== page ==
According to an aspect of the present invention, a method for selecting products that occurs over a networked computer system includes retrieving a product aesthetic tag associated with a particular product type selected by a customer, the aesthetic tag containing values that represent aesthetic features of the product and forming a result tag that contains a value corresponding to how well aesthetic features of the product match to aesthetic preferences of the customer.
According to an additional aspect of the present invention, a computer program product residing on a computer readable medium for selecting products over a networked computer system includes instructions to cause a computer to retrieve a customer aesthetic profile, the customer aesthetic profile tag having aesthetic profile preferences of the customer, retrieve a product aesthetic tag associated with a particular product type selected by the customer that has aesthetic features of the product, compare customer aesthetic profile tag to the product aesthetic tag, and form a result tag that contains a value corresponding to how well aesthetic features of the product match to aesthetic preferences of the customer.
Referring now to
In particular, the personal aesthetic profiler process 30 collects aesthetically-based profile information of clients, as will be described below. The product search and matching engine 70 searches for products that are tagged with aesthetic-based specifications that are based on aesthetic profile information collected by the tagging process 90.
The product search and matching process 70 is shown residing on the server 16 but could reside on individual vendor sites 14 a and 14 b, as also shown. Thus, the product search and matching process 70 can be executed as an individual site-based service for searching external multiple vendor sites 14 a and 14 b or, alternatively, the process 70 can be run on individual vendor sites to internally search the site 14 a and 14 b. In some embodiments, the vendor sites 14 a and 14 b represent different non-associated vendors, whereas in other embodiments the vendor sites 14 a, 14 b can represent associated vendors.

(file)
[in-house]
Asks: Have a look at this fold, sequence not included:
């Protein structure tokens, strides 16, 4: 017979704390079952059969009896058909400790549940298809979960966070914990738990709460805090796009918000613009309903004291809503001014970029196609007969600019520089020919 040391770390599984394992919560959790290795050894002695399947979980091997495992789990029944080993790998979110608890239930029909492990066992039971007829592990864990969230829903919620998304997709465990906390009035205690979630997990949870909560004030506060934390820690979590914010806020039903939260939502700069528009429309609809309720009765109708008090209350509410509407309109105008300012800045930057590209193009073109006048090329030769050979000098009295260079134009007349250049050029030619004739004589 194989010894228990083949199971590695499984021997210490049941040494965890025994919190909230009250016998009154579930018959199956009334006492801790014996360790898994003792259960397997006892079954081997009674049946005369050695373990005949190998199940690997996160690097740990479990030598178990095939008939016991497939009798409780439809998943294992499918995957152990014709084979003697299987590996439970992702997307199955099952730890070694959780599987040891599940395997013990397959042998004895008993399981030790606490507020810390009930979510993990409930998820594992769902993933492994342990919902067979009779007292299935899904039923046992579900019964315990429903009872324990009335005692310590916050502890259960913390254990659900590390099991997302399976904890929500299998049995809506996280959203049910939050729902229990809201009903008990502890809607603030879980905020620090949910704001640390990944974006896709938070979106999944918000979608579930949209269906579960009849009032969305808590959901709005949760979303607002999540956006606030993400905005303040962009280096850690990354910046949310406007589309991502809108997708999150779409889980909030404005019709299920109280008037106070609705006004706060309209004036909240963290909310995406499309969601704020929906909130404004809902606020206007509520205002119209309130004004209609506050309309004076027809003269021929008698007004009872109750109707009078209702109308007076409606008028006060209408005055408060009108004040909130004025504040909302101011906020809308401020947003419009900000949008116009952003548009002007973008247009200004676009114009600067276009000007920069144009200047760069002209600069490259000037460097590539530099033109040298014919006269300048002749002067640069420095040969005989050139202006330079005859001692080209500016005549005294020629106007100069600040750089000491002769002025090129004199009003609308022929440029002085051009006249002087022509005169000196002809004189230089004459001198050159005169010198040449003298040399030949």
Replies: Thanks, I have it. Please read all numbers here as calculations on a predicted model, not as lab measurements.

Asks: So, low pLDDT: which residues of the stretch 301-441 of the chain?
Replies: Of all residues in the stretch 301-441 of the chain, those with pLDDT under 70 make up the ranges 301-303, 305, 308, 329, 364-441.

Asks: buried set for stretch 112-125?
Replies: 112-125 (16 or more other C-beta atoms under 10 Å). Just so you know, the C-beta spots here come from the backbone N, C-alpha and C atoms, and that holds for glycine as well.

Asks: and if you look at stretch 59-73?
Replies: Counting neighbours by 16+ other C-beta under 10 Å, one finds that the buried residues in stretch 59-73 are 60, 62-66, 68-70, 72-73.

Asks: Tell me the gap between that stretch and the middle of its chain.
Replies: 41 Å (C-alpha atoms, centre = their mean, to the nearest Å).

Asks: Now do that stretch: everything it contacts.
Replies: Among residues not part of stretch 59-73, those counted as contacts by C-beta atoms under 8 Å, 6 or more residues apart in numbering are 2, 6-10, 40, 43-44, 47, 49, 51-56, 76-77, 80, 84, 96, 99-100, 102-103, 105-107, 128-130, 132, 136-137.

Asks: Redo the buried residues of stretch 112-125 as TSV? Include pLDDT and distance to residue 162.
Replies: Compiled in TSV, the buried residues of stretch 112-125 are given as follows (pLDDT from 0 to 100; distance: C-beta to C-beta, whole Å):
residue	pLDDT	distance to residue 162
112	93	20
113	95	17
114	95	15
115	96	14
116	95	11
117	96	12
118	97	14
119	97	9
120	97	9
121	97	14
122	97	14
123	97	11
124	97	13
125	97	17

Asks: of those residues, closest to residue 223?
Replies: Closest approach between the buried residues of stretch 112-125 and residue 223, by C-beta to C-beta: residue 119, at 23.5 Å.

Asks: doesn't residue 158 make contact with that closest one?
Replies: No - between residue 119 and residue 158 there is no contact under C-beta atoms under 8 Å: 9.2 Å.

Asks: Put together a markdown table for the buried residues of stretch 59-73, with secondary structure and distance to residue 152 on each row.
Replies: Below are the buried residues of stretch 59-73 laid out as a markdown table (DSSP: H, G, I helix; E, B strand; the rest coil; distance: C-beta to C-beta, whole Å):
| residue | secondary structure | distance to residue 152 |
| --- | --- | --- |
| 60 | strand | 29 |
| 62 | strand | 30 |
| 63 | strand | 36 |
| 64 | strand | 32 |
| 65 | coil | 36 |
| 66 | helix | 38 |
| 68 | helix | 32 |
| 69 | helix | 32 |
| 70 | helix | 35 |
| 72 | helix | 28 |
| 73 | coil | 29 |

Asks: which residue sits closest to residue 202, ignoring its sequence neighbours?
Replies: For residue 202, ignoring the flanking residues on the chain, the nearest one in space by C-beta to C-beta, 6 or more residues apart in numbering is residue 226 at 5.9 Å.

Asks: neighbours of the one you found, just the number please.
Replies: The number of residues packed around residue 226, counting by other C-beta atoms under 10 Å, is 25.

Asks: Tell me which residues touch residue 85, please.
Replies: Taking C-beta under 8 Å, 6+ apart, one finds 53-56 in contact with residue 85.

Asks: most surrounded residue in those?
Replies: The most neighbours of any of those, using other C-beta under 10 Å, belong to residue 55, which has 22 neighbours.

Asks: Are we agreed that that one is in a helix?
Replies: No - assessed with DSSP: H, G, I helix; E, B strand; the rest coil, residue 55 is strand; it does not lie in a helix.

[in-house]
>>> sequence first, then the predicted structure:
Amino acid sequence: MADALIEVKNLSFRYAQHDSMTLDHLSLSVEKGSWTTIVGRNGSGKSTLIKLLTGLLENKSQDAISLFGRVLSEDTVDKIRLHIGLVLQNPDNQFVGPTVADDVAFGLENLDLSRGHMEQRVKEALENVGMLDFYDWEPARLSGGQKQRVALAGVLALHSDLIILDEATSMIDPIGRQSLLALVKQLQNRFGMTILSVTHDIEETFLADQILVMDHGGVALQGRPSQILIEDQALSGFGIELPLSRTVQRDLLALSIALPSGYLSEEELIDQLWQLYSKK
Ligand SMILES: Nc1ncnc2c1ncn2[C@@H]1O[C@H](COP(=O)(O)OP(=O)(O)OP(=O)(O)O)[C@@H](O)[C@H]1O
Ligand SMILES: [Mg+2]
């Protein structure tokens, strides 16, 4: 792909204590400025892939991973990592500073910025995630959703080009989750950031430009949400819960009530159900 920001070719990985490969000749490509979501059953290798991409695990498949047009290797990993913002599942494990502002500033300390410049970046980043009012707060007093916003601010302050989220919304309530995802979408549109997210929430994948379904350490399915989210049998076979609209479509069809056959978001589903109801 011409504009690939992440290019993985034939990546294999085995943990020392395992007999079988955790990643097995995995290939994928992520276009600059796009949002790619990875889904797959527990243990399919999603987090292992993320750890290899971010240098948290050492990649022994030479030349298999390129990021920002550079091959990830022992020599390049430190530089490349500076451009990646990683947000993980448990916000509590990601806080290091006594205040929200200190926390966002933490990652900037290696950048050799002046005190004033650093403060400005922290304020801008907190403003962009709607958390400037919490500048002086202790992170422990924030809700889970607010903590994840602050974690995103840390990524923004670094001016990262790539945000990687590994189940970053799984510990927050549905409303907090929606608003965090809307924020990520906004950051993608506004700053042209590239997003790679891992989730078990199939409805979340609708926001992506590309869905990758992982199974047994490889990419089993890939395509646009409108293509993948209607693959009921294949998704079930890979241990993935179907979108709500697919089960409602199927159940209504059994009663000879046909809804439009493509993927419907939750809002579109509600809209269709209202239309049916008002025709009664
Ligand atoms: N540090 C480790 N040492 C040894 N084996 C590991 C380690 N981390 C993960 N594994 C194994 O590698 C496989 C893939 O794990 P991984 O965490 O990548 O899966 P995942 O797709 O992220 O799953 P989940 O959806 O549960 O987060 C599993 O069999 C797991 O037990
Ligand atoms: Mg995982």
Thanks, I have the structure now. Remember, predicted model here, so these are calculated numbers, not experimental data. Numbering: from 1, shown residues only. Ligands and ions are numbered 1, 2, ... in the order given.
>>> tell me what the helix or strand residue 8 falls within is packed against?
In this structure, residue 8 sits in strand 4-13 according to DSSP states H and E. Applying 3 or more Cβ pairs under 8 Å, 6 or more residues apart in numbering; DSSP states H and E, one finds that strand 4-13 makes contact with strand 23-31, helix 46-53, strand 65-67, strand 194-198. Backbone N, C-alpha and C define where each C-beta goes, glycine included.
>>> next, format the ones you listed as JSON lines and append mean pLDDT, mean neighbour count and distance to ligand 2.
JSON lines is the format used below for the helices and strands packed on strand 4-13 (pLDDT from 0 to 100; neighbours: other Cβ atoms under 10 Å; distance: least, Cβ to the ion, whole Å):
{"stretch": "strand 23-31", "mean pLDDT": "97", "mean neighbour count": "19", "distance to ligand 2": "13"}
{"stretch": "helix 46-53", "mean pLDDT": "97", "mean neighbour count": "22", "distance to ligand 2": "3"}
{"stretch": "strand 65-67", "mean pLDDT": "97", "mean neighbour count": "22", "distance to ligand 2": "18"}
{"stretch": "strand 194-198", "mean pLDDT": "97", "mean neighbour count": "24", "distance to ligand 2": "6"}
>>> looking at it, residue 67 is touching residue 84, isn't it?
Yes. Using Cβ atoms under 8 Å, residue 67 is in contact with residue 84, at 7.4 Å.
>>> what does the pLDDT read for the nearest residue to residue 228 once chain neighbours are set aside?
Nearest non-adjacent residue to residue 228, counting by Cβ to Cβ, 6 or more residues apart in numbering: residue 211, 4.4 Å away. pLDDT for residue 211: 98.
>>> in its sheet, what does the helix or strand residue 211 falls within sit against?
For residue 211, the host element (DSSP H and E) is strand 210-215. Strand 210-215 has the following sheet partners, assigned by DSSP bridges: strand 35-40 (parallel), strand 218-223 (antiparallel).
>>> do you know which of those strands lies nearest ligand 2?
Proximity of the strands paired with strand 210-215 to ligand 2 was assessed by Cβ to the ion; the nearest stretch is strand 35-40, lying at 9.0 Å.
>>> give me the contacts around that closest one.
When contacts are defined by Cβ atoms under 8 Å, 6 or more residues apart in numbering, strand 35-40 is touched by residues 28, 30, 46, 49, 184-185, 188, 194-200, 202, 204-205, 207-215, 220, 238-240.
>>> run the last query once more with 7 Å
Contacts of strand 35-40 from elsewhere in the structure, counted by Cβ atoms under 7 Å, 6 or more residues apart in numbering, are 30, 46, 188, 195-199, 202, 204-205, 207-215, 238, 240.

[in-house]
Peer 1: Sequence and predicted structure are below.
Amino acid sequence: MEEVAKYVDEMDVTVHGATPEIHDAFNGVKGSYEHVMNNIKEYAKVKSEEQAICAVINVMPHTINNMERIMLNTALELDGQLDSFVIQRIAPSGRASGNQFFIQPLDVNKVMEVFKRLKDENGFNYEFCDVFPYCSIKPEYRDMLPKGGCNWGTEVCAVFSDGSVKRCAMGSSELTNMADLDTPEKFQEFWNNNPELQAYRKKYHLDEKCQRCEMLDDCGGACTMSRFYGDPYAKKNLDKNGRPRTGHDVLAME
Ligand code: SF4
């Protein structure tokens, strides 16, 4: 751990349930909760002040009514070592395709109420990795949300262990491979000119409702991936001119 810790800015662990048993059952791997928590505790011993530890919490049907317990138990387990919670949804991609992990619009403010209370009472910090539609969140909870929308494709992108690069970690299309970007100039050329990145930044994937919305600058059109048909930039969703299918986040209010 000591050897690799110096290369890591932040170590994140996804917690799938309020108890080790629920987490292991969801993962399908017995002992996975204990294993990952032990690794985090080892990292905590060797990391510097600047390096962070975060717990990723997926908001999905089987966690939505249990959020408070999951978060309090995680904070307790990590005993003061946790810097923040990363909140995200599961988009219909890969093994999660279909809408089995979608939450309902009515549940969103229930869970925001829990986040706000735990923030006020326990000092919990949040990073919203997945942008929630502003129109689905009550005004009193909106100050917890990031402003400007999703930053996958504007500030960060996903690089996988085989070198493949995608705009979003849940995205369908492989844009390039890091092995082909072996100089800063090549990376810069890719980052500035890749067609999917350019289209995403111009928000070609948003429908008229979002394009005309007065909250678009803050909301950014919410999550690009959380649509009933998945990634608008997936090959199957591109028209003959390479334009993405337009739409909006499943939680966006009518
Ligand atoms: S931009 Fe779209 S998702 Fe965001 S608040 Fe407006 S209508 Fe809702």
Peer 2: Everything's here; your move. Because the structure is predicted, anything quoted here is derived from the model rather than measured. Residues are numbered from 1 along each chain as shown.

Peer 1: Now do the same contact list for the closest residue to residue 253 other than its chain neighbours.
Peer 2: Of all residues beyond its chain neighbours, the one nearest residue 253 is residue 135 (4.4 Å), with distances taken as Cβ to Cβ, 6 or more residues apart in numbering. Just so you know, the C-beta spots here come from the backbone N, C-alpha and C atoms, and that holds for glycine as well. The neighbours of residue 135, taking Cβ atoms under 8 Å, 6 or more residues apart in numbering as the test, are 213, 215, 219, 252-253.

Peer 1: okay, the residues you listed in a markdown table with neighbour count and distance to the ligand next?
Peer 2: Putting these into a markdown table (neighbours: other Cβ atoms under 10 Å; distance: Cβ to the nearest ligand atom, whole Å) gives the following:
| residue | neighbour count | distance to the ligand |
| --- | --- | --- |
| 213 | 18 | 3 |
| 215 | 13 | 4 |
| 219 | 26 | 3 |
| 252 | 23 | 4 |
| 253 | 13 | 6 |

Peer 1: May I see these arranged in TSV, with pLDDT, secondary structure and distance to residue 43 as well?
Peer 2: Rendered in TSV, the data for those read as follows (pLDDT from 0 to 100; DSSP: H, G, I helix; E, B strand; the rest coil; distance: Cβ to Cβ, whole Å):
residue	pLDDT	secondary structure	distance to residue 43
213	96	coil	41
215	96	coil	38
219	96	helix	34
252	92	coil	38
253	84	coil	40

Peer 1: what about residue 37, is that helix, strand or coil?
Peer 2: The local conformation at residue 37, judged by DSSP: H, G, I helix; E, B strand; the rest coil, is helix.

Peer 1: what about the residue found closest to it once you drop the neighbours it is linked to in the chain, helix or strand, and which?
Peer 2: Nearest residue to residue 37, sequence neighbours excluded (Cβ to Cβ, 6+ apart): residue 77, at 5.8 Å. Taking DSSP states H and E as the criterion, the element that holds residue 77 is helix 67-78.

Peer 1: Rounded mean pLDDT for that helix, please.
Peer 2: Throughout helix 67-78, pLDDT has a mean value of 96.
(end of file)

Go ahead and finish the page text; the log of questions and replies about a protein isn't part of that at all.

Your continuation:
Referring now also to
After gathering initial profile information, the server 16 will initiate 25 c an aesthetics profiling session with the user at client system 12 if current aesthetic profile information is not available for the current user. The aesthetic profile collection session collects aesthetic preferences of the individual at station 12 based upon aesthetic considerations related to various scales of form, texture, materials type and color, pattern, type and extent of decoration, overall product appearance e.g., presentation and others that are determined for each user by scoring a user's response to questions posed by viewing and grading images that are presented to the user. A technique for conducting this profiling session is described below in conjunction with
After the aesthetic profile is generated or retrieved, the process 25 searches 25 d available products based on the initial and aesthetic profile information. Aesthetic information on available products are stored in a database (not shown) that is accessed by the server 16. The entries are aesthetic-based product characteristic tags that are produced in accordance with aesthetic considerations that are attributable to the product, as will also be described below. The search process 25 d also has a matching process that enables the user's aesthetic profile to be matched against possible tags associated with products that are available on the system 10. These potential matches are returned by the server 16 and displayed 25 e at the client station 12 through the web browser 12 a by returning a web page containing the results of the matching operation.